Newswise — Is there a more banal question than How was your day? When asked, we often treat it as a throw-away and reply with a quick and mindless "fine" or "okay," our eyes never leaving the computer or the television screen. We rarely expect it to be the start of a conversation. Research, however, suggests that we’d be wise to take the question seriously, and maybe even embrace it as a daily ritual.

A study of couples conducted at the University of Utah1 found that both partners enjoyed emotional benefits when they asked and answered the question, How was your day?

In the study, participants who told their partners about a positive event in their day reported feeling in a better mood afterwards than participants who hadn't talked about such an event. 

On days when participants talked about stressful or negative events, they reported no added increase in their level of stress (unless the event specifically involved the partner). This is noteworthy because many people fear that by sharing something negative, they will automatically feel worse afterwards. The research doesn't support that belief.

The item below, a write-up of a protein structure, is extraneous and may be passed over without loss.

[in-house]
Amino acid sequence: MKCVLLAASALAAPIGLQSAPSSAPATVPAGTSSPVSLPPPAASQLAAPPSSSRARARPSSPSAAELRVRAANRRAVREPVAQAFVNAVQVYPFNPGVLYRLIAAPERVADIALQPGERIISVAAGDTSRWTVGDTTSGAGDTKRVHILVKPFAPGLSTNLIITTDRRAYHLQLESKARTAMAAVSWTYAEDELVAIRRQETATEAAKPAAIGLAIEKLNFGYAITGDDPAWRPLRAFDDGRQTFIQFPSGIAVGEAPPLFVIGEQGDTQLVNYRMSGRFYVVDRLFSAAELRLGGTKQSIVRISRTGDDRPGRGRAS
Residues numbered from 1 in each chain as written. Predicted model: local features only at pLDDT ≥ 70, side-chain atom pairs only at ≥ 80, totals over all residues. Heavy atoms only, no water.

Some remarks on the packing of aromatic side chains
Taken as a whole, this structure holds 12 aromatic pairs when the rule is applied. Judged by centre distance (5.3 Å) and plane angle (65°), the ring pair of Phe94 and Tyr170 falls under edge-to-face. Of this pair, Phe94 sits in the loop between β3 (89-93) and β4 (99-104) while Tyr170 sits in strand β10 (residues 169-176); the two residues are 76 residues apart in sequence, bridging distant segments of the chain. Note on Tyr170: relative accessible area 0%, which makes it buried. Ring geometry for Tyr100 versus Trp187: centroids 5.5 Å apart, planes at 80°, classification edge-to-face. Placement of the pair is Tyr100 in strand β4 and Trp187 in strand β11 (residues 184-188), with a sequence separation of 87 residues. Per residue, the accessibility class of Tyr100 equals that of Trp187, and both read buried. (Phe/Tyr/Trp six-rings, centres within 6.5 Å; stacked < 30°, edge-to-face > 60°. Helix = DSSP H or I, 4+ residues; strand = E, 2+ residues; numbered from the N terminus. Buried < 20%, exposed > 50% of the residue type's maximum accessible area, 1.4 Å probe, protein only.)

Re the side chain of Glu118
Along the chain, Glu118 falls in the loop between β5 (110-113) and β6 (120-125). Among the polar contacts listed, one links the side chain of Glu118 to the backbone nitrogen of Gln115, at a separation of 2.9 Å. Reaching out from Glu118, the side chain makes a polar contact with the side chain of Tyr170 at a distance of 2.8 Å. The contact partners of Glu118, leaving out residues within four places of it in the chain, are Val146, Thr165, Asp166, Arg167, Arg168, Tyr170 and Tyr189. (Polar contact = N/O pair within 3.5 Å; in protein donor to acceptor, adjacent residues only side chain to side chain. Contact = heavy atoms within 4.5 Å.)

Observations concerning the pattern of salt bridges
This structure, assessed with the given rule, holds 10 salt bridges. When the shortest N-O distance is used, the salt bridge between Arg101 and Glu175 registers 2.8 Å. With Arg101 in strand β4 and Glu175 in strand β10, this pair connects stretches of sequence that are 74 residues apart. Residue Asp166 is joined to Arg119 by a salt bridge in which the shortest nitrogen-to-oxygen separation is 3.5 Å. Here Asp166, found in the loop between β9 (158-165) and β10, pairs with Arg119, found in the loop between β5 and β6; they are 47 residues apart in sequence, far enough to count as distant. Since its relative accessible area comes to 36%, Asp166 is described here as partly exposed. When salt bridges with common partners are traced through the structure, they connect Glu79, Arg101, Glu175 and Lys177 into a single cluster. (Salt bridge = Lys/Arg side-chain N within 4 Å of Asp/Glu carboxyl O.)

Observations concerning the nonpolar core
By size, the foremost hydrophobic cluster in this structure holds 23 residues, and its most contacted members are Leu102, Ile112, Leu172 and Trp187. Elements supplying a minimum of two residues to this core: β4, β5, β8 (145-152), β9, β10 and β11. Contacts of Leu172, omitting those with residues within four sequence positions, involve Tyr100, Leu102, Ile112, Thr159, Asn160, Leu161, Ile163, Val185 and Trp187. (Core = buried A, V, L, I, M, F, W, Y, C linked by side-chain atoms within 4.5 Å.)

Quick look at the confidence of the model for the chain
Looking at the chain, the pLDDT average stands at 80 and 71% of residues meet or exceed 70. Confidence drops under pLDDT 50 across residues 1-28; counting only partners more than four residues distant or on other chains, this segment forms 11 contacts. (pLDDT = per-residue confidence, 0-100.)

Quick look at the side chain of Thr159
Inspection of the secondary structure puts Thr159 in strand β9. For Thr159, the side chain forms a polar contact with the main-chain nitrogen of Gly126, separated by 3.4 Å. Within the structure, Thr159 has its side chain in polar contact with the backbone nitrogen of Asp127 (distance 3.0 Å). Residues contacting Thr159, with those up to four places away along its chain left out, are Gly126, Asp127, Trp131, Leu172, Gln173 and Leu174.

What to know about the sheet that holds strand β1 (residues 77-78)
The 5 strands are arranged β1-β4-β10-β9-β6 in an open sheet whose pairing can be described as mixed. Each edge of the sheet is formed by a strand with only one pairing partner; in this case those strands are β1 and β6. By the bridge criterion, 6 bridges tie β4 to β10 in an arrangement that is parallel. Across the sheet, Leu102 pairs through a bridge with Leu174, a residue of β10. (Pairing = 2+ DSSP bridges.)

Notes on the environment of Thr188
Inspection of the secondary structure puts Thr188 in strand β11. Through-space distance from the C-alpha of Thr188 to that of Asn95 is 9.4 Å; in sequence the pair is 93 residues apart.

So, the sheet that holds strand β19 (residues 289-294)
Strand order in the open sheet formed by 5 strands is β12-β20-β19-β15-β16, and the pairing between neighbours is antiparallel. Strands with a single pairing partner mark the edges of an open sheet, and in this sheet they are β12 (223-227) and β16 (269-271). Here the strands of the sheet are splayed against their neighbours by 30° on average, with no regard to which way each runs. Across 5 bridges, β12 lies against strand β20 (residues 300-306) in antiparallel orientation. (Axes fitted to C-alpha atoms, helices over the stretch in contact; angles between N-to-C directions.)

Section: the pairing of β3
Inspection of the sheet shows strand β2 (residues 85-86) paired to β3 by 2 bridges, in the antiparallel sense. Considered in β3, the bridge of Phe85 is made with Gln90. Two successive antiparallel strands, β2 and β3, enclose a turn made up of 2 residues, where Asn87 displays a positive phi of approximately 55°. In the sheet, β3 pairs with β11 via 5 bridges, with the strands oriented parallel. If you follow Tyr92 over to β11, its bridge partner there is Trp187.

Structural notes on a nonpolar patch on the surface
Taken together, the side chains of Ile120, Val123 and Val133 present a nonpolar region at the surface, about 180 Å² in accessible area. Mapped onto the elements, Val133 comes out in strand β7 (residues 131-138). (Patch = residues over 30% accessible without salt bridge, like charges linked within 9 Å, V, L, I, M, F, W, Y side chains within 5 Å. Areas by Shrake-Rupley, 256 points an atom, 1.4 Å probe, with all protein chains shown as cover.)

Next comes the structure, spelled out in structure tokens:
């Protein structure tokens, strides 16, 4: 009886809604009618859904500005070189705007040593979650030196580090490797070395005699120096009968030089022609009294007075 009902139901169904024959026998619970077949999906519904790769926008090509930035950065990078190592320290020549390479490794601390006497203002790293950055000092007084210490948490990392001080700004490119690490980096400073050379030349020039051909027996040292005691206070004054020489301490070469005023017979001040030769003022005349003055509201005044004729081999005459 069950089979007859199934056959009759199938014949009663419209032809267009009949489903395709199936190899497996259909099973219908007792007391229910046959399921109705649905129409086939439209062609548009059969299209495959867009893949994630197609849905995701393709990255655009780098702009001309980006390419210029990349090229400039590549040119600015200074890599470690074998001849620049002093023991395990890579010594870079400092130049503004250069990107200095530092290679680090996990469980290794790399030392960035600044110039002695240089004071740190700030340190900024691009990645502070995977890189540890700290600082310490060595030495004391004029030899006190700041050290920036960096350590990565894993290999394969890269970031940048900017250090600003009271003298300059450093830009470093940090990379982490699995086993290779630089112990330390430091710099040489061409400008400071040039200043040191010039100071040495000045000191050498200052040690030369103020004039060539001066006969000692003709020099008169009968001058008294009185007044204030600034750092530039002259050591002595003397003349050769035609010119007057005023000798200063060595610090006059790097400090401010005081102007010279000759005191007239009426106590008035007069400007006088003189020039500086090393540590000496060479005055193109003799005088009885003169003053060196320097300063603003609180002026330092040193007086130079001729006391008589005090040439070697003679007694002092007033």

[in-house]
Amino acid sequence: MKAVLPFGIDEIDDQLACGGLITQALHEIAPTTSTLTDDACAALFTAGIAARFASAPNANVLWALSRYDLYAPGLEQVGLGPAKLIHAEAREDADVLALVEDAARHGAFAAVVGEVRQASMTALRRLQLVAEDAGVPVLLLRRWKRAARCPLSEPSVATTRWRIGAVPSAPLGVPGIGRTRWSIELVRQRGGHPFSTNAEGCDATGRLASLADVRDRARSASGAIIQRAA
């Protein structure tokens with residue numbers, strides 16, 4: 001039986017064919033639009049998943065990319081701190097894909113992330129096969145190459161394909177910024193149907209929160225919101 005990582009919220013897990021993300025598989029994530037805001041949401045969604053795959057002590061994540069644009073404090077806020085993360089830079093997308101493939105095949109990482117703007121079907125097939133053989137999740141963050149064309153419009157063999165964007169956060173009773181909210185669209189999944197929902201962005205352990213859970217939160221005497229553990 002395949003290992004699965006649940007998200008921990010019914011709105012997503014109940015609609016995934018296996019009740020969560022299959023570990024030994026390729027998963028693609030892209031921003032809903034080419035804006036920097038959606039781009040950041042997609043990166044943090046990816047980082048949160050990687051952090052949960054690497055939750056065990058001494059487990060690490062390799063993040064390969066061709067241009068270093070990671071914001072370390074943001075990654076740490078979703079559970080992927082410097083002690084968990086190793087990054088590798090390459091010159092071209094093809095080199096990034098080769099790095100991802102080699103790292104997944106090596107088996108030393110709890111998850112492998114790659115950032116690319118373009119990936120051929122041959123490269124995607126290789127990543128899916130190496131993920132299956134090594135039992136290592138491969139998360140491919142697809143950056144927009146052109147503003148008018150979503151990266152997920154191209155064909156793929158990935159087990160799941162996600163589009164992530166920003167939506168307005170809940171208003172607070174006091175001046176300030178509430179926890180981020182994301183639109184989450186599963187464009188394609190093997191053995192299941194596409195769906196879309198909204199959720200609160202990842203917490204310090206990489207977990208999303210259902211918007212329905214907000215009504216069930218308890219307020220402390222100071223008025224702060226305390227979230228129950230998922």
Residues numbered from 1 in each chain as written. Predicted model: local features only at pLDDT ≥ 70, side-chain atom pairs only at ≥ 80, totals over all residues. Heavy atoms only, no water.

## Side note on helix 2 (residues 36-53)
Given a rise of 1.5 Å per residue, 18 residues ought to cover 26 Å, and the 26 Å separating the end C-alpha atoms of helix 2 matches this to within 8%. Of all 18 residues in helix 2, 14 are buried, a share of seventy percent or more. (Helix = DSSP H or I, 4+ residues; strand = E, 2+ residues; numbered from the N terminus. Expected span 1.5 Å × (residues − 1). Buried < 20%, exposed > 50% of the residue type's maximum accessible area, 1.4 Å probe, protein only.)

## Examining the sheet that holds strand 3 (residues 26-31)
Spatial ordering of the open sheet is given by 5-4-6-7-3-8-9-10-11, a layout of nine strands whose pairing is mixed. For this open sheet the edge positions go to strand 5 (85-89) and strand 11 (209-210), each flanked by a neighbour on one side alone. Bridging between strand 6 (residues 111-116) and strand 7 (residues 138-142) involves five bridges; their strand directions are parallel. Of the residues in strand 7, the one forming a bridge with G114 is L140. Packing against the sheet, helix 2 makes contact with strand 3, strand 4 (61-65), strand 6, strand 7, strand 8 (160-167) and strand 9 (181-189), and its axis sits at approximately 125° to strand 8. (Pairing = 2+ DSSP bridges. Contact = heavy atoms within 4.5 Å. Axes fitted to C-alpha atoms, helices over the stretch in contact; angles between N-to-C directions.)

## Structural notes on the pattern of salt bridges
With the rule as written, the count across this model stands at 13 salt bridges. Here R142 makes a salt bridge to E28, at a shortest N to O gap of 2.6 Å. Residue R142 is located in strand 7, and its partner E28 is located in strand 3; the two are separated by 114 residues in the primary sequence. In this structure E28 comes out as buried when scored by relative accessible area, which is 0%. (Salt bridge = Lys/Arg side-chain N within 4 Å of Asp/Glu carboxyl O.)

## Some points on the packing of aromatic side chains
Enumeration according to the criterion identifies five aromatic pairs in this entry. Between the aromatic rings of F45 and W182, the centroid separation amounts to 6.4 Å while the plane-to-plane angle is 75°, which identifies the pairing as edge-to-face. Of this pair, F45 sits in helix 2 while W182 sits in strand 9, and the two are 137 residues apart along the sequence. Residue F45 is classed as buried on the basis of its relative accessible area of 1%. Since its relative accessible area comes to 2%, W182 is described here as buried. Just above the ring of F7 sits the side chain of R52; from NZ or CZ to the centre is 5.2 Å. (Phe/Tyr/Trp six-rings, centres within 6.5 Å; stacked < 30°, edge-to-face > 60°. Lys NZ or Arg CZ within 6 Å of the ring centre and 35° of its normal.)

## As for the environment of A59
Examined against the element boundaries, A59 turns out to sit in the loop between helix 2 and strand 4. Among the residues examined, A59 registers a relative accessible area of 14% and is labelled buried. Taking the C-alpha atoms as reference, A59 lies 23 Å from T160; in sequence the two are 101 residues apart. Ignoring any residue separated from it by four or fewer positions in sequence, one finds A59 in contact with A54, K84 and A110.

How are we impacted when we're on the receiving end of our partner describing positive and negative events? The study found that a partner's mood improved when they heard about a positive event, especially if they were somehow involved in it. And surprisingly, there was no negative effect on the listener's mood simply by hearing a report of a stressful or negative experience in the partner's day (unless the negative experience involved the listener).

"Both positive and negative disclosures should be encouraged," says psychologist Angela Hicks, one of the researchers, "as the negative disclosures do not seem to cause emotional harm, and both types of disclosures are likely to lead to greater feelings of intimacy and connectedness between relationship partners over time."

So do more than offer How was your day? as a mindless toss-off. Create a ritual: sit down together with a cup of tea or glass of wine and get curious about one another's day. Be a bit of a Sherlock and probe. Don't let the commonplace answer of "fine" end the conversation. Say, Tell me more. Take time, show interest, and get ready for the sense of closer connection that this ritual will help you to achieve.

References & Citations

1 Hicks, A.M. and Diamond, L.M. (2008) "How was your day? Couples' affect when telling and hearing daily events." Personal Relationships, 15: 205-228. doi:10.1111/j.1475-6811.2008.00194.x